On Sept. 15, Gwinnett County Commissioner Kevin Kenerly plans to announce whether he’ll run for a fifth term in his District 4 seat. He may even campaign for state office.
Bert Nasuti, the District 2 commissioner, is up for re-election in 2010, too. He’s been mum, at least publicly, about his political aspirations.
Well, here’s some advice for both, at least as it relates to seeking office. Don’t. Allow me to borrow a few sports clichés. Gentlemen it’s high time to “throw in the towel,” to “hang up the glove,” to “stop suiting up,” to “walk away from the game.”
Former Gwinnett County Commission Chairman Wayne Hill earned the label “sultan of sprawl” because of the commercial and residential buildup that took place during his 12 years in office. Critics railed about what they called senseless and unchecked construction, from cookie-cutter subdivisions to banal strip malls. He shouldered the blame.
Hill’s notable deeds — construction of a first-class arena and a world-class sewage plant; the preservation of green space and park land — couldn’t overcome negative perception of his tenure. The Hill Era, for many, was the Sprawl Era. Rightly or wrongly, this became his moniker, and in 2004, voters showed him the door. He lost his re-election bid to Rep. Charles Bannister of Lilburn.
Bannister didn’t win because he was a great statesman who ran an edgy campaign with a palatable platform. He won, primarily, because he wasn’t Hill.
Sprawl may not be Kenerly or Nasuti’s political death knoll. Money will. Specifically, the way these officials — as overseers of taxpayer coffers — managed and spent it. The way the currently proposed cost-cutting measures will severely stifle services residents in these here parts want to build upon, not dismantle. The way reductions to the 2009 and 2010 budgets will create a shabbier, less pristine county, something Bannister acknowledged in a letter to residents.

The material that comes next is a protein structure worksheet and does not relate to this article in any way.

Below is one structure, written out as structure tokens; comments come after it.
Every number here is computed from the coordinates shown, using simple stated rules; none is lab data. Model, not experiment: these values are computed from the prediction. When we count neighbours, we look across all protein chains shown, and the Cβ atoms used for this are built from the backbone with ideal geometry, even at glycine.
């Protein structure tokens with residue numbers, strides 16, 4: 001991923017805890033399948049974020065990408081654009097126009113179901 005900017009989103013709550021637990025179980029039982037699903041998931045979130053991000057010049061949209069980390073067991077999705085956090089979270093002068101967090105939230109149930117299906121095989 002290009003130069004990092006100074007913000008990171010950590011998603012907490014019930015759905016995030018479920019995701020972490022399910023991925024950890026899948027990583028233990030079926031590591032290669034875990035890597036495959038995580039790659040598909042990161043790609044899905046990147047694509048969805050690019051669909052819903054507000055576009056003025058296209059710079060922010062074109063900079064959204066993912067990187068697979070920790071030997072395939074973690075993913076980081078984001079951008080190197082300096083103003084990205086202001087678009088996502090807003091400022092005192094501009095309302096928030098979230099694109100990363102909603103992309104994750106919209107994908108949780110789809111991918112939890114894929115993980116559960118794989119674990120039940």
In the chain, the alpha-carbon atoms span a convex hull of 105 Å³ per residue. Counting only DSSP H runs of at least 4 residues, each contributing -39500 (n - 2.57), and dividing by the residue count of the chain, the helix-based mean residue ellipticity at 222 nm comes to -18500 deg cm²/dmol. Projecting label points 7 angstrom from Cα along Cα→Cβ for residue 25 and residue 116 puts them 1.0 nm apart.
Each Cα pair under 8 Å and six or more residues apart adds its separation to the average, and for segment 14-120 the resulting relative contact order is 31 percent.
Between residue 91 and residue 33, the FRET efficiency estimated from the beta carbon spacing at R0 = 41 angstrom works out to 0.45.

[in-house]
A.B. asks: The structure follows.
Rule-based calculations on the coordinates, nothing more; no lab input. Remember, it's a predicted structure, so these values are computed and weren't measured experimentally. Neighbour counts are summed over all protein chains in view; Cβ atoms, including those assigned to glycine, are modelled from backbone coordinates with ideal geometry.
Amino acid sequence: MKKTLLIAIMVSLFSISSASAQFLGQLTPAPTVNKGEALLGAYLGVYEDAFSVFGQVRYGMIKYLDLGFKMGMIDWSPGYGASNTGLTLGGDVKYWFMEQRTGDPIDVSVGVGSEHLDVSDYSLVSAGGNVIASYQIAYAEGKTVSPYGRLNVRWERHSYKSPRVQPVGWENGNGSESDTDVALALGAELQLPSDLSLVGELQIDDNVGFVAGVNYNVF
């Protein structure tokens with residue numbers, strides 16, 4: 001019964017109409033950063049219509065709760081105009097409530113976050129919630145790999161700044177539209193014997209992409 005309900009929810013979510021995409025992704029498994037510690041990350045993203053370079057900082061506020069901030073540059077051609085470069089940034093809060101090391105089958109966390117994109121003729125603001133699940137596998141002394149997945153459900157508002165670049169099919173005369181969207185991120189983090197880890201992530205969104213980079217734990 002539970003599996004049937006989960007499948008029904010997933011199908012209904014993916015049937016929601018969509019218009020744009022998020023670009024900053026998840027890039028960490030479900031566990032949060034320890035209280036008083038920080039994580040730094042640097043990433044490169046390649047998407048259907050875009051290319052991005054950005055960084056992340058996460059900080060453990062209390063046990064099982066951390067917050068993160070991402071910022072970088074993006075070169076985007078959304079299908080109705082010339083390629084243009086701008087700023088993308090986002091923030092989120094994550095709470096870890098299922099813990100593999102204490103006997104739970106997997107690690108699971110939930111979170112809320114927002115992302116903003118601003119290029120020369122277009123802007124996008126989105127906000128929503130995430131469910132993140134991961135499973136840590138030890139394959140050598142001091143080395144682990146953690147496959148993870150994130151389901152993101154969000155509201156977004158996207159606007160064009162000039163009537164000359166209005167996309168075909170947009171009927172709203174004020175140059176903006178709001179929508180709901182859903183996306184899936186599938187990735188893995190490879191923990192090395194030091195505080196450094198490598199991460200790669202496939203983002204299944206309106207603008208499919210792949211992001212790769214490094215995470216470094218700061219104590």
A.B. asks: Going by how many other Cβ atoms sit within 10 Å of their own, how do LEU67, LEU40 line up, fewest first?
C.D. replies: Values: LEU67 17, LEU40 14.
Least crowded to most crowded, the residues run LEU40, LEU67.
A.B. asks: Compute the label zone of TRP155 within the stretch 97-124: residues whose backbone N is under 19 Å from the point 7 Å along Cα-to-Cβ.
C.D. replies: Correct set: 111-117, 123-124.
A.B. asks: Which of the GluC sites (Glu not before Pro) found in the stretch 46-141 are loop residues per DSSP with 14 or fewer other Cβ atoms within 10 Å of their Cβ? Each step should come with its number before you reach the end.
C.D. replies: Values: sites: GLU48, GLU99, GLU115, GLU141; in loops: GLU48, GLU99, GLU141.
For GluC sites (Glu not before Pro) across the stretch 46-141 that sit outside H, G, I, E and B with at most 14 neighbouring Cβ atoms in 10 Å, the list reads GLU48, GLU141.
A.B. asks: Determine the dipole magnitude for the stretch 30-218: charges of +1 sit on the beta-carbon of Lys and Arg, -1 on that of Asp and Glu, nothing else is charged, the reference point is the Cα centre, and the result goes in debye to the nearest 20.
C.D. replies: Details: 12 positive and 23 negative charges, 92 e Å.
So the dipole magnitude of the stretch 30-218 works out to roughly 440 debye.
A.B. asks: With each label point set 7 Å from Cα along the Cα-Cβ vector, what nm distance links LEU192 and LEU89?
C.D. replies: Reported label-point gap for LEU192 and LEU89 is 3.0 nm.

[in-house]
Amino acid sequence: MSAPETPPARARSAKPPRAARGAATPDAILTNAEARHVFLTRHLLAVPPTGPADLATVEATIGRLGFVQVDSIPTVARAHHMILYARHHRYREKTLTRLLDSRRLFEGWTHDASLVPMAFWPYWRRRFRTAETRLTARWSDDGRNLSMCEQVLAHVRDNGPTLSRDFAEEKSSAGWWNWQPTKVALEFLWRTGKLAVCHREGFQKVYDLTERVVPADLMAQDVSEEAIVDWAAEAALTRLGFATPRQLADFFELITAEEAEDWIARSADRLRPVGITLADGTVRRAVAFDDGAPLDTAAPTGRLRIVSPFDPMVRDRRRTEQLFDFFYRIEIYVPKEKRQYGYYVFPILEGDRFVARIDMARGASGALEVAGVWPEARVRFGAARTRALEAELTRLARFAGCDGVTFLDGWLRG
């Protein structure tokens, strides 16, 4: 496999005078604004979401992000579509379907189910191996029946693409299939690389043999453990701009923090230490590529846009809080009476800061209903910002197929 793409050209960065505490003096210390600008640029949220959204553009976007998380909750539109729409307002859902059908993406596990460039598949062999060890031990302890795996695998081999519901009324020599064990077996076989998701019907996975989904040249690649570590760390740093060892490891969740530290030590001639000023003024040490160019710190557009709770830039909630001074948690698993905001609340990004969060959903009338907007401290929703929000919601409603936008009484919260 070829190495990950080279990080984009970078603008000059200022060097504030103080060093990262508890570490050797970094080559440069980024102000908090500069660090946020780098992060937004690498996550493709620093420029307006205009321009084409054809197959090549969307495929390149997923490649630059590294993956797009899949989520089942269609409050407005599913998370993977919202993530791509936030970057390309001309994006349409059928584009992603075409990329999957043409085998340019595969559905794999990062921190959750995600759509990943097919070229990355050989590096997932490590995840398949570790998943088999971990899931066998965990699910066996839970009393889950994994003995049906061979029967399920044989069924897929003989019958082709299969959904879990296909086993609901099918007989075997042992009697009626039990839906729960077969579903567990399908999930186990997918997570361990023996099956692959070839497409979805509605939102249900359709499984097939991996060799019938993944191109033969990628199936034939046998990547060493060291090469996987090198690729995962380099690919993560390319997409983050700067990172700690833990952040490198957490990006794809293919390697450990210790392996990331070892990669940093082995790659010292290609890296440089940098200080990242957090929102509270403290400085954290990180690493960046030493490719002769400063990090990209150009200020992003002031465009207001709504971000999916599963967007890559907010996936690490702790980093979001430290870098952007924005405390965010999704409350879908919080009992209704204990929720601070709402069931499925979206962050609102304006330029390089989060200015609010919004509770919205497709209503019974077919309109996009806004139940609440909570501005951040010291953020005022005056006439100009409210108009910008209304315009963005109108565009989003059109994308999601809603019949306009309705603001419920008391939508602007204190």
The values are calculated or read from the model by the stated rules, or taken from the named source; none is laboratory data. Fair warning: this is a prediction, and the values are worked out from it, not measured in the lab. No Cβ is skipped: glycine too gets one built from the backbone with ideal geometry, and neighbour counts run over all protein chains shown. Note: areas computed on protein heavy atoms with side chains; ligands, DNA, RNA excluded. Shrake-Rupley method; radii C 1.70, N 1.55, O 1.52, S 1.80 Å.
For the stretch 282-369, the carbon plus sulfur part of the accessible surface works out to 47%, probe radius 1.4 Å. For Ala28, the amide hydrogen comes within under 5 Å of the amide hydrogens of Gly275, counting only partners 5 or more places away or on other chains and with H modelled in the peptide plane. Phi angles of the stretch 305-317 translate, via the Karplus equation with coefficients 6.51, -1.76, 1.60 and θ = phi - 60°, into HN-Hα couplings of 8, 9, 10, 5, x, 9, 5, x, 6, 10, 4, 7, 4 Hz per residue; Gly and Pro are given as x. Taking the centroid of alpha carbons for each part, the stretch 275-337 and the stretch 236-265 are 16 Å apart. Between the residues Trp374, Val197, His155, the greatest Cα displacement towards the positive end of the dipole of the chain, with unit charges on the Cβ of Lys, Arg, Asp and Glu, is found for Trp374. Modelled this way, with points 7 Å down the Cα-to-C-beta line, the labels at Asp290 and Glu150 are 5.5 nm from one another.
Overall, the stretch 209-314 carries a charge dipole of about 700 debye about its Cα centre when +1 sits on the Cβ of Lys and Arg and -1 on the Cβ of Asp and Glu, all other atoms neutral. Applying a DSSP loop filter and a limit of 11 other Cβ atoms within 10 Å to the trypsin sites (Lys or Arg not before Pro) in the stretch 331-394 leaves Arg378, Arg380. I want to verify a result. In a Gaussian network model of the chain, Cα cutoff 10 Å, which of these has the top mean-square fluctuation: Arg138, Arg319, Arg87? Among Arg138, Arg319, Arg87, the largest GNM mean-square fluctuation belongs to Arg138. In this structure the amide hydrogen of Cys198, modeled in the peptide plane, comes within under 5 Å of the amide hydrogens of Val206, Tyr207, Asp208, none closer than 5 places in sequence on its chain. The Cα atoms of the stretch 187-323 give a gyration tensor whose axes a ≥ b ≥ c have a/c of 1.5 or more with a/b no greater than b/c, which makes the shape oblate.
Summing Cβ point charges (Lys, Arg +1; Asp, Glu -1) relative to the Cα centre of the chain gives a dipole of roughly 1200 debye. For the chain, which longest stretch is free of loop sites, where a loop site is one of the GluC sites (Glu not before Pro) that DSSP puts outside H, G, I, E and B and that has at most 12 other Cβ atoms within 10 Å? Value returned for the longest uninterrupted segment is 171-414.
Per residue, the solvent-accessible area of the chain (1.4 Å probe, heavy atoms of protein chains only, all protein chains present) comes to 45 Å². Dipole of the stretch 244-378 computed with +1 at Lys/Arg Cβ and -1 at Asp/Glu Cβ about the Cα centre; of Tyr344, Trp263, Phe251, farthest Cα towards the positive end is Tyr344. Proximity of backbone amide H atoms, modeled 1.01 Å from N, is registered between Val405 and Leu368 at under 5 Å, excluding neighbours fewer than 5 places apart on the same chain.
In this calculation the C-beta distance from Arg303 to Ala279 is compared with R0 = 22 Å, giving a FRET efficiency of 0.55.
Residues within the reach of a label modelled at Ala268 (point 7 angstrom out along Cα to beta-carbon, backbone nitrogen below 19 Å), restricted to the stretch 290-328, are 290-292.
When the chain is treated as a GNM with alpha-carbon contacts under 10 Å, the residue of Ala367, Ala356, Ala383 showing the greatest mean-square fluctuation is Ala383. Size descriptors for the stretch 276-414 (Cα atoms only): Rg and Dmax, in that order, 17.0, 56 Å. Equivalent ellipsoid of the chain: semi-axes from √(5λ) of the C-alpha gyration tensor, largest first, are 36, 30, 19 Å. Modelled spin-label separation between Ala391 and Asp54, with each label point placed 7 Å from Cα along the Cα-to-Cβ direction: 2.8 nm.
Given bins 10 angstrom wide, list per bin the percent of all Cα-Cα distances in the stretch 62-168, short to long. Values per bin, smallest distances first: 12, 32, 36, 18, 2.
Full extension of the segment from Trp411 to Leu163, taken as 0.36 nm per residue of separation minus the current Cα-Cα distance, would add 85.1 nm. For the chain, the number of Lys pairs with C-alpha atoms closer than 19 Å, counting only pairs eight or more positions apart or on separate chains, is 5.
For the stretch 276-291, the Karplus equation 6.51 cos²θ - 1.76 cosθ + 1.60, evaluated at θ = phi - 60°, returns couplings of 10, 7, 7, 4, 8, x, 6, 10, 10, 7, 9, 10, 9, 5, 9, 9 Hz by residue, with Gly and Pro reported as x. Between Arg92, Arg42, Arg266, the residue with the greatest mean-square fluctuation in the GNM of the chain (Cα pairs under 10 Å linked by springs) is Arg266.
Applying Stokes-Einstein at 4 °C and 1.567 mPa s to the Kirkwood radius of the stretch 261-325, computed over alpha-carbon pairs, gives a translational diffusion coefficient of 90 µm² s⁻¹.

Folk are angry. They don’t want higher taxes, but they dislike the way this government is being downsized. Reductions snuffed out this year’s July Fourth fireworks and, in the future, will pare emergency services. Their anger reaches deeper than the 400 or so attendees at the commissioners’ meeting Tuesday, where officials gave the green light to $225 million in budget cuts over five years. (After all, how many working people can attend a 2 p.m. meeting?)
Polls aren’t the end-all and be-all of public sentiment, but they can provide a gauge. The Marketing Workshop Inc., a Norcross firm, conducted a mid-June survey for Gwinnett Forum, an online community forum that appeals to mostly white-collar, long-term residents. Take from it what you will.
Among the findings: A majority of respondents liked living here, even though they didn’t credit county officials for the quality of life they enjoy. Forty-three percent of the respondents thought the county was managed “fair” or “poorly.” The main issues they listed that face the county were transportation (51 percent), crime/safety/drugs (29 percent) and county management (28 percent).
The surveys states: “One comment which perhaps best sums up poll participants’ opinions would be: ‘I am just not happy with the group currently running the county.’ ”
On Wednesday, Gwinnett announced the demolition of the twin water tanks visible from I-85 near Jimmy Carter Boulevard. They proclaim that “Success Lives Here” and “Gwinnett is Great.” Upgrades to a pumping station and other improvements mean the tanks are no longer necessary.
See, the tanks are obsolete and outmoded. They had to go.
Just like the basketball player who loses the touch on his jump shot or the spring in his legs.
Just like some politicians.
Rick Badie, an Opinion columnist, is based in Gwinnett. Reach him at email@example.com or 770-263-3875
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Credit: Miguel Martinez